Poor Akina Wellere keeps getting knocked in the face. I'm glad she's starting to go back to her outside shot more. She's been played out of position at the four too much for my liking, because Imani and Maya do have to rest at some point. But she was feeling it from beyond the arc- you could see her confidence in the follow-through of her wrist. I love watching her shot when she's in rhythm. Tiana England had some amazing passes in the fourth quarter down low, one to Maya and one to Imani. I think she also had a really good one to Alisha, but I can't remember if Alisha hit the shot or not. I'm still not thrilled with her propensity to slow the game down, but that's on both her and Joe. Alisha Kebbe started off hot offensively, which was a pleasant surprise. She was still solid defensively, too. Great game from her- exactly what we needed.

Maya Singleton was surprisingly passive on defense for stretches of the game. I guess the postseason grind is starting to get to her a little bit. I'm not used to her backing off plays as blatantly as she did. She took care of the boards, and her midrange game was working, but she didn't have the edge I'm used to. (And she still got the double-double, which says a lot about what she can do.) Imani Littleton brought the defense, and the grace under pressure. The length of her arms and her reach were on display tonight, whether it was with emphatic shot blocking or flicking away passes to get the breakaway. Emphatic Imani is best Imani.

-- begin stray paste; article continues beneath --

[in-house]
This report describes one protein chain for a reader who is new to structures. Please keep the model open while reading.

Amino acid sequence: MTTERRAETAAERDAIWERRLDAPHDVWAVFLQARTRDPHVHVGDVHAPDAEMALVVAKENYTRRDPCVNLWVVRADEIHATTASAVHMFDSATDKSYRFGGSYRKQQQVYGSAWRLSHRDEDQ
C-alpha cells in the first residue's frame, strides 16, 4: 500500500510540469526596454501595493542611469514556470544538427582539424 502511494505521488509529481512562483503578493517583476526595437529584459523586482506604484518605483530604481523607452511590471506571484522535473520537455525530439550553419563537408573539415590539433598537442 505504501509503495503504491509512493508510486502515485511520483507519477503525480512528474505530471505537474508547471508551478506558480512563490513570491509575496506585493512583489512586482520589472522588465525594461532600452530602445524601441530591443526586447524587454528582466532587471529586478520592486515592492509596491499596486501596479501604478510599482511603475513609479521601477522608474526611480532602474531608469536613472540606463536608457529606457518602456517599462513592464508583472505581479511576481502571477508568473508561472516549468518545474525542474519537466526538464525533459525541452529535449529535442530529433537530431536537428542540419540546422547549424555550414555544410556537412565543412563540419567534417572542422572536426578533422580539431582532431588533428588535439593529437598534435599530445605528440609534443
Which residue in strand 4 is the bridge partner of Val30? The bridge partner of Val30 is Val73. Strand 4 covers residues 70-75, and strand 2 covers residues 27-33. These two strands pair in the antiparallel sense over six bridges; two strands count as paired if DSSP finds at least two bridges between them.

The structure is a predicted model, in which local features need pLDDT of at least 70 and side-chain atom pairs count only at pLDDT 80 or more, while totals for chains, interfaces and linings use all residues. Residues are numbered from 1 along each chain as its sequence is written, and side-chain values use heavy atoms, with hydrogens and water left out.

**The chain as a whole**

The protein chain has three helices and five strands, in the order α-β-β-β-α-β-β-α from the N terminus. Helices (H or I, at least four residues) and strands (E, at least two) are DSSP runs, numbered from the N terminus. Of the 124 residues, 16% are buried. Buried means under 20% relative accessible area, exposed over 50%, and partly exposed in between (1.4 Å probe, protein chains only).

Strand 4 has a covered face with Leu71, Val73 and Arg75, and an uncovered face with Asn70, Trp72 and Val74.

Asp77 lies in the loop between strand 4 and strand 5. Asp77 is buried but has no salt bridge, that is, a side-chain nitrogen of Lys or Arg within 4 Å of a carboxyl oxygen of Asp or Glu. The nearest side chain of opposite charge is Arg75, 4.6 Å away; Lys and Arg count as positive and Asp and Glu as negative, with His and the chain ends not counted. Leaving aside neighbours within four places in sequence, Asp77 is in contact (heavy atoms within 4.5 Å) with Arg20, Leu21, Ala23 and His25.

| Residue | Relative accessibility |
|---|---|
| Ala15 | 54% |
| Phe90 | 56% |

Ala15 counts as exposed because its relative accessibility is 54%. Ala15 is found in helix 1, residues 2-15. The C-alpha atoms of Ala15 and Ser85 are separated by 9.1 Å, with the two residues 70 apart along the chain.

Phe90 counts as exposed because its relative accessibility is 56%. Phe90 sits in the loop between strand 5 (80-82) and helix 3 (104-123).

(As an aside, I'm bummed Joe didn't give Sox a teeny bit of run to end the game. She's a senior; she deserves a send-off.)

There were definitely calls that we got the benefit of the doubt on. On the other hand, the officials stopped calling those illegal screens on Duquesne in the second half, and they didn't magically improve their screen-setting ability, so there's that. And we made some terrible decisions in the fourth quarter defensively. There's no good reason to stop the clock when you're up double figures in the final two minutes.

That being said, Joe, please let Tiana confirm the continued presence of all her teeth before you start lambasting her for that admittedly stupid foul.

Funny moment of the night: Imani committing a travel so blatant that even Qadashah was making the travel signal. Two points for honesty, I suppose.

So close on the raffle... just one digit away.